step is not to suggest a reduction; rather, an "close reading" or explication
should enable you to problematize
and expand your understanding of the text. Ask what insight the
passage gives into the work as a whole. How does it relate to themes, ideas, larger actions in other parts of the
work? Make sure that your hypothesis regarding the theme(s) of the work is contextually sound. What does it suggest
as the polarity of the whole piece?
- Context: If your
text is part of a larger whole, make brief reference to its position in the whole; if it is a short work, say,
a poem, refer it to other works in its author's canon, perhaps chronologically, but also thematically. Do this
- Texture: This term
refers to all those features of a work of literature which contribute to its meaning or signification, as distinguished
from that signification itself: its structure, including features of grammar, syntax, diction, rhythm, and (for poems, and
to some extent) prosody; its imagery, that is, all language which appeals to the senses; and its figuration, better known as similes, metaphors, and other verbal motifs.
- Theme: A theme
is not to be confused with thesis; the theme or more properly themes of a work of literature is its broadest, most pervasive concern, and it is contained
in a complex combination of elements. In contrast to a thesis, which is usually expressed in a single, arugumentative,
declarative sentence and is characteristic of expository prose rather than creative literature, a theme is not a statement; rather, it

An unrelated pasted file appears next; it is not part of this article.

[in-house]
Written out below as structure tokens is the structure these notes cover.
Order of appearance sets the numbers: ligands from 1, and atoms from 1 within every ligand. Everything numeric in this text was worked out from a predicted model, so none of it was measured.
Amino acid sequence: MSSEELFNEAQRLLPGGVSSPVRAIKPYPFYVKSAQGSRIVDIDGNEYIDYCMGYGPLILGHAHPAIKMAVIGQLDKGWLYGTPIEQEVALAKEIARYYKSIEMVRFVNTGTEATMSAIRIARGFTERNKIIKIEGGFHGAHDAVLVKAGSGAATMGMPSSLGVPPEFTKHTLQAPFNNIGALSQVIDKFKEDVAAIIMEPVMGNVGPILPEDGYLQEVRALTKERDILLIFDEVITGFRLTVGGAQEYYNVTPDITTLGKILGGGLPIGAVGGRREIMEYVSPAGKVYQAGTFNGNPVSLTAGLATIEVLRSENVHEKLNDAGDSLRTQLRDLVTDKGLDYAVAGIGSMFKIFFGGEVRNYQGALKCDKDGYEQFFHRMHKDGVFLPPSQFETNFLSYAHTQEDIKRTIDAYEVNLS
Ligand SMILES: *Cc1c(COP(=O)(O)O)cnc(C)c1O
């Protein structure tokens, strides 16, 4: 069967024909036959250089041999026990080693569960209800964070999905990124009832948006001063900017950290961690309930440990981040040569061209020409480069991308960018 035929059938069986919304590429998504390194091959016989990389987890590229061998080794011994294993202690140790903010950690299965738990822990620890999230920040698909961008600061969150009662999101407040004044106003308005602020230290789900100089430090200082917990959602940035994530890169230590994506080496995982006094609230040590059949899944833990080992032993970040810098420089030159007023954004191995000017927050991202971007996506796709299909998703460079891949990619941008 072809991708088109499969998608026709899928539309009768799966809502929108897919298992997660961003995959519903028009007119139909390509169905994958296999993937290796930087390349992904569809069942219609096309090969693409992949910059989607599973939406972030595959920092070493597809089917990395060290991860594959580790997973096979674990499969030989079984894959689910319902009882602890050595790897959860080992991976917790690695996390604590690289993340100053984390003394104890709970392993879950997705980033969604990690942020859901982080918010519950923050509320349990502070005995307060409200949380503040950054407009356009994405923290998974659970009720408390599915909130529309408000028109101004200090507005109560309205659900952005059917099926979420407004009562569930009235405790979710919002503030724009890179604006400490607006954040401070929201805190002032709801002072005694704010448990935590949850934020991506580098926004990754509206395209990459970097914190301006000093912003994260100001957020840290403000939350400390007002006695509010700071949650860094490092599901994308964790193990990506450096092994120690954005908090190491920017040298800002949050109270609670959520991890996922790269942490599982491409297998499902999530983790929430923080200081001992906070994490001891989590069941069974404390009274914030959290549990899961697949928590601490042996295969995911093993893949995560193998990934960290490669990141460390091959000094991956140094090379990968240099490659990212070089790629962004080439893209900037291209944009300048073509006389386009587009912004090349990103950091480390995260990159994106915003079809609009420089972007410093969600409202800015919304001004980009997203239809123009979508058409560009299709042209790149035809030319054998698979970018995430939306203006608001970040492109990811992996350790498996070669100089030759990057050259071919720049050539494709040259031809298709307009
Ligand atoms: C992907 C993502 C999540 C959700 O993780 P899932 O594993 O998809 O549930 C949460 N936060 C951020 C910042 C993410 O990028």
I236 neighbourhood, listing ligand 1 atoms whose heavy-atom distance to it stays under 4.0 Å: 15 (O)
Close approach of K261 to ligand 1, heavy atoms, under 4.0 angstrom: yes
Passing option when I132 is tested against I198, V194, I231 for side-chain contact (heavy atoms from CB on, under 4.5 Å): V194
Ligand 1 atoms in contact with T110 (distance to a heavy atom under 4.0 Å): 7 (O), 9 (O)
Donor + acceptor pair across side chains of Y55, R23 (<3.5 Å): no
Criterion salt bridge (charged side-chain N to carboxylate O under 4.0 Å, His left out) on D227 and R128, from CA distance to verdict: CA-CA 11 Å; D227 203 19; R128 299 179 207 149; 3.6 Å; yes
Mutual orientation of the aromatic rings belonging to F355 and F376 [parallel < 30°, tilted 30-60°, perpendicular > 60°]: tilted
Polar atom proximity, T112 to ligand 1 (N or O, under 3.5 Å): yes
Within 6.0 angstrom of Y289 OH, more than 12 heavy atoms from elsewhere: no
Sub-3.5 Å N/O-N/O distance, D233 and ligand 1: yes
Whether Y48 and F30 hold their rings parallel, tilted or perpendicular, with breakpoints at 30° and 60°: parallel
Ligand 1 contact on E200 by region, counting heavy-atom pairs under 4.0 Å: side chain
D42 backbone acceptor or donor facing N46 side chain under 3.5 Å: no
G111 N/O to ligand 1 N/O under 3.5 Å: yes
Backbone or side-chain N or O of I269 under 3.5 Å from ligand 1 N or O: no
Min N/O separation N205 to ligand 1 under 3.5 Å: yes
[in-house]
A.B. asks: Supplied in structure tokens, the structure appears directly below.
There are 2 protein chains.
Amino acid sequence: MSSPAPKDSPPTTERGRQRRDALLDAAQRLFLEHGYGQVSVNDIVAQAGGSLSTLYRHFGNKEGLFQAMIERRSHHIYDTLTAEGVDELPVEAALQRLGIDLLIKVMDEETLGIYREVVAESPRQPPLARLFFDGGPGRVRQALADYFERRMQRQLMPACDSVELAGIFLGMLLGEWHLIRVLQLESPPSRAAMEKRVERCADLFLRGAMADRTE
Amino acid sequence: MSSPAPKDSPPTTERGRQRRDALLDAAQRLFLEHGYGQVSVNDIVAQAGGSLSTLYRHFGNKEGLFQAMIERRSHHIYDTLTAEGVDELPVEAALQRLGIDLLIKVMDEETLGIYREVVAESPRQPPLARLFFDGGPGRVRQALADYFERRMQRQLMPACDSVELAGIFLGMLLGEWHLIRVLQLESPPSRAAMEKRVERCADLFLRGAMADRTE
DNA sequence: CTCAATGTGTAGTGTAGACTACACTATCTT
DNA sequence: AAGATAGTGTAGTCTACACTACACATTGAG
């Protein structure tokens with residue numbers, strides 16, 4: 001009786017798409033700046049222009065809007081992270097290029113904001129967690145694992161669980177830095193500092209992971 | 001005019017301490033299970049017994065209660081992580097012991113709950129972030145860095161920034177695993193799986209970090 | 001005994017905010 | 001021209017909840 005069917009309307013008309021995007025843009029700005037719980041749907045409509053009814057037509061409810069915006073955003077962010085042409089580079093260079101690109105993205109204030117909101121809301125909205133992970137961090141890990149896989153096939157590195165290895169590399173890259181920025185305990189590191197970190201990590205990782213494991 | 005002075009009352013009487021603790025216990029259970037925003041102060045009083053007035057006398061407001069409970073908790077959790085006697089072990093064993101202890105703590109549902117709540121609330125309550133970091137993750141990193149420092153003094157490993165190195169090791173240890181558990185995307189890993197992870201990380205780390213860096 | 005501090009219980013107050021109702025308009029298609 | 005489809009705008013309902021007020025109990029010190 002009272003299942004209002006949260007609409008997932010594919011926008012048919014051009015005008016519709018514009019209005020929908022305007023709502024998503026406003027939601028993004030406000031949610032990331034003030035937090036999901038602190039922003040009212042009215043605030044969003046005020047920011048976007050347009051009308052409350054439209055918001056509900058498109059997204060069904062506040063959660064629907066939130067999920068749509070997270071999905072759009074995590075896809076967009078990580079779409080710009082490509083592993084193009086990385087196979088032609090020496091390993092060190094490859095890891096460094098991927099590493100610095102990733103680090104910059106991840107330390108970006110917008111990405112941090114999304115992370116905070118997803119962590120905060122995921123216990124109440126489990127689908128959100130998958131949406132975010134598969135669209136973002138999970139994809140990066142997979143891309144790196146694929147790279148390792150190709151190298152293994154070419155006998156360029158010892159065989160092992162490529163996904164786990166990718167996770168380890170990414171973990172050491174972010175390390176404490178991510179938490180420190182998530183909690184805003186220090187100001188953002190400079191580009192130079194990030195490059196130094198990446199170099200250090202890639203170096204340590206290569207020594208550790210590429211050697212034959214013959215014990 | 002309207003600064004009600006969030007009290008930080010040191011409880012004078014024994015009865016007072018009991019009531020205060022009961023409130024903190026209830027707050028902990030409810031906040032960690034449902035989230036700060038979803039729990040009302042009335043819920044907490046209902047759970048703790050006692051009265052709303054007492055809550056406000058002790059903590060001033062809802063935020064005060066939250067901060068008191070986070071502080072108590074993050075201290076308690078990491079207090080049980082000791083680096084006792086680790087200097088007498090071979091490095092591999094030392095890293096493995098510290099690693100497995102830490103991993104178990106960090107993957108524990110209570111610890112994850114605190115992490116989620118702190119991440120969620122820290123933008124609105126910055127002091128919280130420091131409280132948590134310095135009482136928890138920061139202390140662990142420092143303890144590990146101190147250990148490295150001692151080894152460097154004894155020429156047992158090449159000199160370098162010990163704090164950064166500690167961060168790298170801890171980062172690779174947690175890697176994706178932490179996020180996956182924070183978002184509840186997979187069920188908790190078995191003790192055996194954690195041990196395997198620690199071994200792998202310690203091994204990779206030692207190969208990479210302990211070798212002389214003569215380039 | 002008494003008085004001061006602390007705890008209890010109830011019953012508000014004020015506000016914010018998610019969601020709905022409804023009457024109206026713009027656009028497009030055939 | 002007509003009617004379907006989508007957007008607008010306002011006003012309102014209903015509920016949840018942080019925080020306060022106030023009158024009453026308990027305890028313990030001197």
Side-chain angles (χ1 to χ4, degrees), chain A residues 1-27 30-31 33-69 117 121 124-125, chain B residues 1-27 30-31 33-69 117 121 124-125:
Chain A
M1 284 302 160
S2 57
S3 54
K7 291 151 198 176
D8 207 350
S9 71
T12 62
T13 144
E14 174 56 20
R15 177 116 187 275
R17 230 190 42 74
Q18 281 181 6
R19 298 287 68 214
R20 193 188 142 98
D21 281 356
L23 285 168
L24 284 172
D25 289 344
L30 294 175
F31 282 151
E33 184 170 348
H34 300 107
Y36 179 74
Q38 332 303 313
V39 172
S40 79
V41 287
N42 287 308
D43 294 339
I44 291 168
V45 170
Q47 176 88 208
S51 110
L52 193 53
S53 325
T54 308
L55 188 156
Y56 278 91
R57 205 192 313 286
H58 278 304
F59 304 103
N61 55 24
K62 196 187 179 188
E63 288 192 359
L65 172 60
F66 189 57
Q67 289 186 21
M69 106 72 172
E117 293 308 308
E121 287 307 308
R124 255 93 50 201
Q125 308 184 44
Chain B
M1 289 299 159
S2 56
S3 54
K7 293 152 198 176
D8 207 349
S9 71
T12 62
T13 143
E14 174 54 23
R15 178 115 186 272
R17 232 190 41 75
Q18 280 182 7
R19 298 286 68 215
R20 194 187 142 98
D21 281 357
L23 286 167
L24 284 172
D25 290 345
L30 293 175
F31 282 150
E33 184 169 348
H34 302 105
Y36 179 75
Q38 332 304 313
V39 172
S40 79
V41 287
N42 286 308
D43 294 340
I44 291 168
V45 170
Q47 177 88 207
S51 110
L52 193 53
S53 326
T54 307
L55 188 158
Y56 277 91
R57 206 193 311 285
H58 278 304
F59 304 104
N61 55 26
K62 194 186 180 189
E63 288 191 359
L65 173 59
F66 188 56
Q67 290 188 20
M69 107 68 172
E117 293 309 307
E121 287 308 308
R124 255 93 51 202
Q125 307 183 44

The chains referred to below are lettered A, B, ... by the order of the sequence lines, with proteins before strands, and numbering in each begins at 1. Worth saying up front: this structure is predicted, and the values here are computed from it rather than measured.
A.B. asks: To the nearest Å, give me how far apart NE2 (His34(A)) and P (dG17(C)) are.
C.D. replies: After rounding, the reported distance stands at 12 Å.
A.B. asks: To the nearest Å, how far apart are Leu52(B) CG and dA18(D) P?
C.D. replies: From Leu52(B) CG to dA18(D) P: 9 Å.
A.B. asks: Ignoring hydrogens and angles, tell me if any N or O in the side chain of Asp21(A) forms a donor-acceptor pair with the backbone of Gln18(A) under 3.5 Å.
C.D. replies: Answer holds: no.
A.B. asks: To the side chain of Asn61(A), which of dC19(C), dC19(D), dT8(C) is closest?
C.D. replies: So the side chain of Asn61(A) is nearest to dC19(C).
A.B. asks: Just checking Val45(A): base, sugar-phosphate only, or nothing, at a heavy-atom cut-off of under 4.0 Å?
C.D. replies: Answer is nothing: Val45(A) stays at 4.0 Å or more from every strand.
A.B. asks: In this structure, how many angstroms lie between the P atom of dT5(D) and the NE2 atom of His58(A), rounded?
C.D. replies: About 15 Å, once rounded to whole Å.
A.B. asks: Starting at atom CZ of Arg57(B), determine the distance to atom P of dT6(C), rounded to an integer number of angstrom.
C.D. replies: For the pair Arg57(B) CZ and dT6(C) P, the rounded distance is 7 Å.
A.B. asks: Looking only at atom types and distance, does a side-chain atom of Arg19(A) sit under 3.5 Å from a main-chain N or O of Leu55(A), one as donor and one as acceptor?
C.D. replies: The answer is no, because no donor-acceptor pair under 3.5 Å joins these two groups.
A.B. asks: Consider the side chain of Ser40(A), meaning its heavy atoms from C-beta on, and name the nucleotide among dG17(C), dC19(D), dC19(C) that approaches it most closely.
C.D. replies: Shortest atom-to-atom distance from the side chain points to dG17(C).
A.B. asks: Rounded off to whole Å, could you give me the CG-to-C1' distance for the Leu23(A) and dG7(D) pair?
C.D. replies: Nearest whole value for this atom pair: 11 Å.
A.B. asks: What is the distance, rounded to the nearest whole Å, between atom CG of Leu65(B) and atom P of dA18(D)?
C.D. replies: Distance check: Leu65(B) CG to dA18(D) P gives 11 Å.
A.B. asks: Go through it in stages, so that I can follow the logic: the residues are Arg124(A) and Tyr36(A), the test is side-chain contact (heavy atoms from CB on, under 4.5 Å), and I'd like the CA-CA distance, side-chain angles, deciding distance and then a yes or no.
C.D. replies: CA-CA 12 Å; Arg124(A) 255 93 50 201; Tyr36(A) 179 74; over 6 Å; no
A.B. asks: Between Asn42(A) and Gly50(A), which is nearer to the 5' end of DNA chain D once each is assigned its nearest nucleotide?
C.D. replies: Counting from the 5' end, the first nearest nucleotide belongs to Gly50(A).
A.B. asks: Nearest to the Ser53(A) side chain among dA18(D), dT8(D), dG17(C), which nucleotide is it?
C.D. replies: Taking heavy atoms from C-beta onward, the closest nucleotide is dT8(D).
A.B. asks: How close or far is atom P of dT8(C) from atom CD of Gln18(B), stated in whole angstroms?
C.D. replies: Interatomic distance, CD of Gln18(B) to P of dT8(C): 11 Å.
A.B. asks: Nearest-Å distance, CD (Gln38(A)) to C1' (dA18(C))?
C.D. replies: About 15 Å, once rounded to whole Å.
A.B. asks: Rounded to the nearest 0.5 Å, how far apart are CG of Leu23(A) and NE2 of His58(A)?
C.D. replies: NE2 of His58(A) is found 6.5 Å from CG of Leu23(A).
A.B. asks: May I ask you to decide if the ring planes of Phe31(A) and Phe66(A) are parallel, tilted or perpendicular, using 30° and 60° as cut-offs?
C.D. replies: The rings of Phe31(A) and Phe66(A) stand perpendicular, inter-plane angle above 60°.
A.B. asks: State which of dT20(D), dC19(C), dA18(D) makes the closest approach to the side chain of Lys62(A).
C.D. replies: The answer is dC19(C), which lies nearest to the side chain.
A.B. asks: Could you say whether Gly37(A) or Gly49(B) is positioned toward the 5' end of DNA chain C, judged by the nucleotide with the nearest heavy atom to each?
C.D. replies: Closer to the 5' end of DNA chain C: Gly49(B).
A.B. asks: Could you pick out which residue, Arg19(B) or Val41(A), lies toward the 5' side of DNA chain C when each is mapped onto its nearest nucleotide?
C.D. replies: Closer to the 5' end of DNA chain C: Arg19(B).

often is expressed in a single word or a phrase, such as "love," "illusion versus reality,"
or "the tyranny of circumstance." Generally, the theme of a work is never "right" or "wrong."
There can be virtually as many themes as there are readers, for essentially the concept of theme refers to the
emotion and insight which results from the experience of reading a work of literature. As with many things, however,
such an experience can be profound or trivial, coherent or giddy; and discussions of a work and its theme can be
correspondingly worthwhile and convincing, or not. Everything depends on how well you present and support your
ideas. Everything you say about the theme must be supported by the brief quotations from the text. Your argument
and proof must be convincing.
And that, finally, is what explication is about: marshaling the
elements of a work of literature in such a way as to be convincing.
Your approach must adhere to the elements of ideas, concepts, and language inherent in the work itself.
Remember to avoid phrases and thinking which are expressed in the statement,
"what I got out of it was. . . ."
- Thesis: An explication
should most definitely have a thesis statement. Do not try to write your thesis until you have finished all 12
steps. The thesis should take the form, of course, of an assertion about the meaning and function of the text which
is your subject. It must be something which you can argue for and prove in your essay.
Now, and only now are you ready to begin your actual writing. If you find that what you had thought might be the theme of the work, and it
doesn't "fit," you must then go back to step one and start over. This is a trial and error exercise.
You learn by doing. Finally, the
explication de texte should be a means to see the complexities
and ambiguities in a given work of literature, not for finding solutions and/or didactic truisms.